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Print version ISSN 0021-7557
On-line version ISSN 1678-4782
J. Pediatr. (Rio J.) vol.82 no.1 Porto Alegre Jan./Feb. 2006
Viviane Levy LermannI; João Borges Fortes FilhoII; Renato S. ProcianoyIII
IMestre. Médica neonatologista,
Universidade Federal do Rio Grande do Sul (UFRGS), Porto Alegre, RS, Brasil
IIMestre. Doutorando em Oftalmologia, Universidade Federal de São Paulo (UNIFESP). Professor, Universidade Federal do Rio Grande do Sul (UFRGS), Chefe do Setor de Retinopatia da Prematuridade, Hospital de Clínicas de Porto Alegre (HCPA), Porto Alegre, RS, Brasil
IIIProfessor titular, Universidade Federal do Rio Grande do Sul (UFRGS). Chefe do Serviço de Neonatologia, HCPA, Porto Alegre, RS, Brasil
OBJECTIVE: To evaluate the prevalence
of retinopathy of prematurity and the risk factors affecting very low birth
weight infants at a neonatal intensive care unit.
METHODS: A cross-sectional study investigating all newborn infants with birth weights < 1,500 g and/or gestational ages < 32 weeks, admitted to the Neonatal ICU at the Hospital de Clínicas de Porto Alegre, from October 2002 to March 2004. Patients underwent indirect binocular ophthalmoscopy of the fundus at six weeks postpartum. Infants who progressed to threshold disease were given laser therapy.
RESULTS: One hundred and fourteen newborn infants were studied. Eighty-three patients were not diagnosed with retinopathy of prematurity, 18 had stage I retinopathy of prematurity, seven stage II retinopathy of prematurity and six patients had threshold retinopathy of prematurity. The prevalence of retinopathy of prematurity was 27.2% (95% CI: 19.28-36.32) affecting 31 newborn infants, and the prevalence of retinopathy of prematurity progressing to threshold disease was 5.26% (95% CI: 1.96-11.10), affecting six patients. Retinopathy of prematurity was confirmed in 50% of the patients with weights below 1,000 g and 71.5% of newborn infants born at gestational ages of less than 28 weeks. Gestational age and birth weight were significantly lower among patients with retinopathy of prematurity than among those without.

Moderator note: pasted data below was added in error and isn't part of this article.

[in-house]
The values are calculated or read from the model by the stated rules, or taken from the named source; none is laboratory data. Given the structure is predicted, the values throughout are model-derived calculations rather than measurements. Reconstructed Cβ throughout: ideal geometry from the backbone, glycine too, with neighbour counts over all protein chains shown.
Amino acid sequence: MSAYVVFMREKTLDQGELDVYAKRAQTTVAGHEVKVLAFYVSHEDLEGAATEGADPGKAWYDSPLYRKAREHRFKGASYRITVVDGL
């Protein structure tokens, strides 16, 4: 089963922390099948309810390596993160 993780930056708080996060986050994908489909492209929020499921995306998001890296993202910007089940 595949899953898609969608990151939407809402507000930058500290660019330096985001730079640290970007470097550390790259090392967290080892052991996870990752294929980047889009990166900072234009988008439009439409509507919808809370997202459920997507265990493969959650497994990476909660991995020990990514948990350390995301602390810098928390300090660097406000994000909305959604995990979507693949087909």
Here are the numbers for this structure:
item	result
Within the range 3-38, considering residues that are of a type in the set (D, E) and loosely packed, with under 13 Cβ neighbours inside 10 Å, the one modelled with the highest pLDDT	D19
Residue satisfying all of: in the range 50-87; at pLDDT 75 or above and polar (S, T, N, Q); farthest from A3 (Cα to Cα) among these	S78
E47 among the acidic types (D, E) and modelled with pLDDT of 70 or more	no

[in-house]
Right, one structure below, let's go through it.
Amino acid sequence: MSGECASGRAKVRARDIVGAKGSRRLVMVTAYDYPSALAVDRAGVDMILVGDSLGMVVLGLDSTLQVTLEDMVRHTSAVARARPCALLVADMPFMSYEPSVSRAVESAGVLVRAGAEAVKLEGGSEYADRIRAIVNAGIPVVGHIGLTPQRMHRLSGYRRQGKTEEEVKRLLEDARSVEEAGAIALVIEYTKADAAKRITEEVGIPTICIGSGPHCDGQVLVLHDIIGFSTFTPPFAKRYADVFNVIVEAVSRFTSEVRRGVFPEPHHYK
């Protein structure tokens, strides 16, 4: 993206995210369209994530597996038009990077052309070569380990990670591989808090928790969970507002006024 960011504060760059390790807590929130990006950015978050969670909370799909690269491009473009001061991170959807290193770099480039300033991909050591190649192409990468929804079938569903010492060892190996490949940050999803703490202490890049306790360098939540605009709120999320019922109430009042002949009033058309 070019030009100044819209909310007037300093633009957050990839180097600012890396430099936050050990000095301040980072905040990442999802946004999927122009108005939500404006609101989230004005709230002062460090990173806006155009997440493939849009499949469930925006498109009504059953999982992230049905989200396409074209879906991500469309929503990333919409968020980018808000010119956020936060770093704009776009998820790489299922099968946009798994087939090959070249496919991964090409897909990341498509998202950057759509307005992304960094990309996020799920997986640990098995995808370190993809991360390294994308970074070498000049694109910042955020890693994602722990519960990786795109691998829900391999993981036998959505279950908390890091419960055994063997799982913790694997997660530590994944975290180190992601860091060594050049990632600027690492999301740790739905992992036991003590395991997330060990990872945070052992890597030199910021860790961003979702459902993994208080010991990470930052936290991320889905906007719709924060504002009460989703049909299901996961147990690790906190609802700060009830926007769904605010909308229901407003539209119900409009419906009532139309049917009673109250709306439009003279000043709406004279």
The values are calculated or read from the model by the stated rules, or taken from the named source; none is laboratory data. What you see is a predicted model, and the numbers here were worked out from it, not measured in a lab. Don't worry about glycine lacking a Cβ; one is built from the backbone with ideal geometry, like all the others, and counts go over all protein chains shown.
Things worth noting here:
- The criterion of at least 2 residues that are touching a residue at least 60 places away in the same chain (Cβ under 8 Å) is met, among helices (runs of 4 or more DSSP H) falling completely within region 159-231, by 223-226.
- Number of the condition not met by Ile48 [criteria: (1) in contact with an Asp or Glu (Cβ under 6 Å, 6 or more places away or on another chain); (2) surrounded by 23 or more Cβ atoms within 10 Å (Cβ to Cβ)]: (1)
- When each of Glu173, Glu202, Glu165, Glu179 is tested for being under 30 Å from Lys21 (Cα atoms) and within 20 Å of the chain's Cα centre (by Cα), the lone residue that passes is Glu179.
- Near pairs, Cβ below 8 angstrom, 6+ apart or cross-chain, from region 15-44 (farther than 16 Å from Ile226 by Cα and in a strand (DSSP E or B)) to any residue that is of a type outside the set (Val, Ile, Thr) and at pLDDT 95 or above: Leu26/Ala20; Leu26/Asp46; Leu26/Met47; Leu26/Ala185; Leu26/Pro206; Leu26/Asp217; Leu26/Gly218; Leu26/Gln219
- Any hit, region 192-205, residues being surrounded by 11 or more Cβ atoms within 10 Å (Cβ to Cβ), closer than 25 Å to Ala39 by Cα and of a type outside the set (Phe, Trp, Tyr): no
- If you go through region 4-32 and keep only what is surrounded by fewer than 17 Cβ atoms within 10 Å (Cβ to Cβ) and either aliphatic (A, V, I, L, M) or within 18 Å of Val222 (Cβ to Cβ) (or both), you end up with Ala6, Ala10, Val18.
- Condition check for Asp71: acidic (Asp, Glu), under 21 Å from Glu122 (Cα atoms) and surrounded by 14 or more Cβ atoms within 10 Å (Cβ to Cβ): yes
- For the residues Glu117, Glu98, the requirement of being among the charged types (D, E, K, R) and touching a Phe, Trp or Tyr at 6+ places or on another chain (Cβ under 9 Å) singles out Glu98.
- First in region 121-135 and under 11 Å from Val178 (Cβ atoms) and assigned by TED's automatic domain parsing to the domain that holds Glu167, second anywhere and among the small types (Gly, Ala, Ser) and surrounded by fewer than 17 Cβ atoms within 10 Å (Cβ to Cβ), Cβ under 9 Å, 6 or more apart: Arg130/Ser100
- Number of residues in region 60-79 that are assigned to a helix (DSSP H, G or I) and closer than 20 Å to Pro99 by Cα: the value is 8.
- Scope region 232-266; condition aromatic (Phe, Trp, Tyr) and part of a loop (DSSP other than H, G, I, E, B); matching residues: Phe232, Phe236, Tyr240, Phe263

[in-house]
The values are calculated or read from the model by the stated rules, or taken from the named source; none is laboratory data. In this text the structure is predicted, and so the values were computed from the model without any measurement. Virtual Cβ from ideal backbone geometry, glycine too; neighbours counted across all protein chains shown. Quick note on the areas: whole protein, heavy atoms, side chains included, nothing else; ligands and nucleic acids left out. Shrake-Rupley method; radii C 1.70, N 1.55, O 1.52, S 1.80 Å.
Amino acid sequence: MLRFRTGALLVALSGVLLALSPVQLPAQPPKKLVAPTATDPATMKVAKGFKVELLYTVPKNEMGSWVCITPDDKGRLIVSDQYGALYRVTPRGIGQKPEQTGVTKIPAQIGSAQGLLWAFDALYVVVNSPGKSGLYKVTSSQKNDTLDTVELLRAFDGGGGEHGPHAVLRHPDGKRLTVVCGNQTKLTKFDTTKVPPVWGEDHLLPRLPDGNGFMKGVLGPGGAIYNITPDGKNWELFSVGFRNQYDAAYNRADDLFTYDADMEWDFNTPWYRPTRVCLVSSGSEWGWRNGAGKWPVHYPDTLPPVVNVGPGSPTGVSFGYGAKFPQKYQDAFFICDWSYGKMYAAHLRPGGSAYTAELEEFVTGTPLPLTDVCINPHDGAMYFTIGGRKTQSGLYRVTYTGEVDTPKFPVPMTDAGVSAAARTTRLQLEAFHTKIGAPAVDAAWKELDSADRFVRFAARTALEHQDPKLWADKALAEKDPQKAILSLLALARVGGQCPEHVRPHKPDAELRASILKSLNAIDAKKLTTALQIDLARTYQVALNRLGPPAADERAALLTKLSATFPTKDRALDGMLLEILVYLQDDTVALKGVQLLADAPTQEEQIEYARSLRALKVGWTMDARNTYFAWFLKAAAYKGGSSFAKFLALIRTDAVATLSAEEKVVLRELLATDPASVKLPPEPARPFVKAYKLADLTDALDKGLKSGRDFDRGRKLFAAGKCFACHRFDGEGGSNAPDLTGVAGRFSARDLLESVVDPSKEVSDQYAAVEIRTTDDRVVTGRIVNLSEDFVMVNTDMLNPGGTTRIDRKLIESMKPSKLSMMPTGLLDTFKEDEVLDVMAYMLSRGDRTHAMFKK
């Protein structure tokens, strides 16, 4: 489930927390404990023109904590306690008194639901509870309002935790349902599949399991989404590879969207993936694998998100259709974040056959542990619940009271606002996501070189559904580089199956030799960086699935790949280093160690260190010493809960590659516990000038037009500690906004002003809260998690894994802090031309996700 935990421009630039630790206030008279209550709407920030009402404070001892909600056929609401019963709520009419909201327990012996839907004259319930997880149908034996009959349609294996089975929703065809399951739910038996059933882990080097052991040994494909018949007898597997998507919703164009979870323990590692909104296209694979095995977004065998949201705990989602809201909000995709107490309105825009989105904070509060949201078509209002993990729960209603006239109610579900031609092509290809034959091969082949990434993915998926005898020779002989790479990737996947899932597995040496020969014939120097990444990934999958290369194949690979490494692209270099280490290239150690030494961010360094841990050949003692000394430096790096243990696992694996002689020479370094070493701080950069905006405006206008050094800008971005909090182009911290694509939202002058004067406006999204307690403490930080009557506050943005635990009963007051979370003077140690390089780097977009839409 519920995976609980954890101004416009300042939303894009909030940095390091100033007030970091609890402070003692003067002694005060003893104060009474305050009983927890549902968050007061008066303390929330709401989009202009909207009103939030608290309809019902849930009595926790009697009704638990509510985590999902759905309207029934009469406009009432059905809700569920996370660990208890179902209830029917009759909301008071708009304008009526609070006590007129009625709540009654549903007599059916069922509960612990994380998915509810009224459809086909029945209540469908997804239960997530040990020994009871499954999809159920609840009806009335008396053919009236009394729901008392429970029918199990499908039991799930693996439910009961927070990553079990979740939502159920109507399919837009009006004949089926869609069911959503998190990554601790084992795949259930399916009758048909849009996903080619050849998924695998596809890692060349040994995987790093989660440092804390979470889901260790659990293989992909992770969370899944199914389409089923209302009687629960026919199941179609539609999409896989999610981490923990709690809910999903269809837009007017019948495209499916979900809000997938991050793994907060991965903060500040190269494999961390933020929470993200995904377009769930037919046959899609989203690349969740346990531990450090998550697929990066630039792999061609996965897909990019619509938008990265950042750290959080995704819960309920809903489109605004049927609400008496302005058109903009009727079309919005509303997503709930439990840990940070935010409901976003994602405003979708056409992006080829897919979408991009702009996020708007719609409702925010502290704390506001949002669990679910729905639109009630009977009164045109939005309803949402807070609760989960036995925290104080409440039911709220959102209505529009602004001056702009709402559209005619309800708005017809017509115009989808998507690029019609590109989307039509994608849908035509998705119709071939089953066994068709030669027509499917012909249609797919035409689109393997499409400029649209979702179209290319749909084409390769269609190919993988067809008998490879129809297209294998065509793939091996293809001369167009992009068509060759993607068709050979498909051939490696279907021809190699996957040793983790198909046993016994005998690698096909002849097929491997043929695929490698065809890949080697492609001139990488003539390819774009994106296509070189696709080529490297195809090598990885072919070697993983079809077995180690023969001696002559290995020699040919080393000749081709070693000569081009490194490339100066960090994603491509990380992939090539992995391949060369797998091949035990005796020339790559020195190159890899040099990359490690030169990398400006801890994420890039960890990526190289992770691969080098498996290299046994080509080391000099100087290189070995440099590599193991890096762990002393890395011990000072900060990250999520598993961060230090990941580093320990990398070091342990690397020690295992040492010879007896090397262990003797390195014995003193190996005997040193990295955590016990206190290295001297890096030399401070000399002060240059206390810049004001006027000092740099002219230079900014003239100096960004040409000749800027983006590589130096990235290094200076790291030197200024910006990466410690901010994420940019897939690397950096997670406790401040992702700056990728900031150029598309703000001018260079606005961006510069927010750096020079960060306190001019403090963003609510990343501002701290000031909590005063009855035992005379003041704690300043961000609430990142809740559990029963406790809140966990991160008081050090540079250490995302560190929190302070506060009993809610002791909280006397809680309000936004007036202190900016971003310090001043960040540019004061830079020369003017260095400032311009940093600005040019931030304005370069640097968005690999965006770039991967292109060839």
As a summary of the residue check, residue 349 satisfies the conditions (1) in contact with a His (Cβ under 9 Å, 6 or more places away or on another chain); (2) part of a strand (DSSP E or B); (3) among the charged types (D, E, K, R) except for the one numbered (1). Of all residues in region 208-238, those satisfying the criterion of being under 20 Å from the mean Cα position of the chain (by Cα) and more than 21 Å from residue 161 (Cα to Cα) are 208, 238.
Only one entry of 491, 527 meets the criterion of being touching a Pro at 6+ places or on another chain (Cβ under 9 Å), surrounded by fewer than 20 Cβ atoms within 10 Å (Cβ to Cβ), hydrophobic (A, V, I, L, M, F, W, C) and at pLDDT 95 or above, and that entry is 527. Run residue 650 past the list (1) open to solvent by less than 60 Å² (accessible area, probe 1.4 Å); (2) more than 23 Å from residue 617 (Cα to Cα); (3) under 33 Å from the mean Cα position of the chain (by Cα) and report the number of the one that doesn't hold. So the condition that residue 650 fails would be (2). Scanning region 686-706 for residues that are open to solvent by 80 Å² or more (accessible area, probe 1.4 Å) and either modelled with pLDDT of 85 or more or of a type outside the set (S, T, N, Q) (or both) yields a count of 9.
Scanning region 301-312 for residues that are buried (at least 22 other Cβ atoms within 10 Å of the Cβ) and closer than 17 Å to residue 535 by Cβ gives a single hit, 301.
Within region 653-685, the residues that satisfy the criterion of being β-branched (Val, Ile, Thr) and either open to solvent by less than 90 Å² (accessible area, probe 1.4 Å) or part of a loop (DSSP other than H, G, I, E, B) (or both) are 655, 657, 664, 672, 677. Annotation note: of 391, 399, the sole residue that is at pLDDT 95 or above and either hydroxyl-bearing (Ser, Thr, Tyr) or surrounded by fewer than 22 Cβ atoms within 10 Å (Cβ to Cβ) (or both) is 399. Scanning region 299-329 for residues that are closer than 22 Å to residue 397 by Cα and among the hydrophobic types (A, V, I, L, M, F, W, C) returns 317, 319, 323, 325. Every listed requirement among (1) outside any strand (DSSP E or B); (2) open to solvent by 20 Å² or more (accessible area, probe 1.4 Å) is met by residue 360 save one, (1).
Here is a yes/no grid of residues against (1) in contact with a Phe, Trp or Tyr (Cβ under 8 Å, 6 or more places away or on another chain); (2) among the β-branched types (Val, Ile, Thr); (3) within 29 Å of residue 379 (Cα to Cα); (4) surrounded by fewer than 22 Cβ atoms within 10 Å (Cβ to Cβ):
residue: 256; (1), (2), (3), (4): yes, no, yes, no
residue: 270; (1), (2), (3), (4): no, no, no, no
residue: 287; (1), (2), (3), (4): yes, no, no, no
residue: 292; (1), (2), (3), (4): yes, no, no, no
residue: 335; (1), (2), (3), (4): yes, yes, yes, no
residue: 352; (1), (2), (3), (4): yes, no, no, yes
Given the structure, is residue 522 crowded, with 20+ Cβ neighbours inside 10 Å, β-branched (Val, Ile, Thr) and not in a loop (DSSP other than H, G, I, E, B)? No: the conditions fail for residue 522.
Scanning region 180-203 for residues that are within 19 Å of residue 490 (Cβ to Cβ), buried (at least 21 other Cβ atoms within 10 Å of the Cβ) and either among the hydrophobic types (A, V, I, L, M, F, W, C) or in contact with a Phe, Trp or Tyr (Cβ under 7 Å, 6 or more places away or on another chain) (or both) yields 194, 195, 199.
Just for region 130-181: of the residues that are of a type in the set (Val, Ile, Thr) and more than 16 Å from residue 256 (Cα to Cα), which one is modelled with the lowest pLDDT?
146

CONCLUSIONS: Although the results of this study demonstrate that the observed prevalence was similar to that described in literature, this ROP frequency remains elevated among very low birth weight infants. The development of retinopathy of prematurity was inversely proportional to weight and gestational age at birth.
Key words: Blindness, retinopathy, very low weight, oxygen therapy, risk factors.
Retinopathy of prematurity (ROP) is a vasoproliferative ocular disease of multi-factor etiology, secondary to inadequate retinal vascularization.1
In the USA ROP is the second most common cause of blindness among children less than 6 years old and it is estimated that of the 100,000 blind Latin American children, 24,000 are blind because of ROP.2
Early identification of retina damage and the institution of appropriate treatment prevent blindness and offer children better overall development.3
The American Academy of Pediatrics, the American Association for Pediatric Ophthalmology and Strabismus and the American Academy of Ophthalmology recommend the ophthalmological examination of premature newborn infants with birth weights less than or equal to 1,500 g and gestational ages less than or equal to 28 weeks when they reach six weeks postpartum.4 According to the Brazilian Ophthalmology Council (Conselho Brasileiro de Oftalmologia), the Brazilian Pediatric Ophthalmology Society (Sociedade Brasileira de Oftalmologia Pediatrica) and the Brazilian Society of Pediatrics (Sociedade Brasileira de Pediatria) ophthalmological examination is indicated for premature newborn infants born weighing 1,500 g or less and at gestational ages of 32 weeks or less.5,6 Fundus examinations are performed with an indirect binocular ophthalmoscope after adequate dilation of the pupils. Treatment at the correct time with laser photocoagulation can avert disease progression and the irreversible blindness that results.3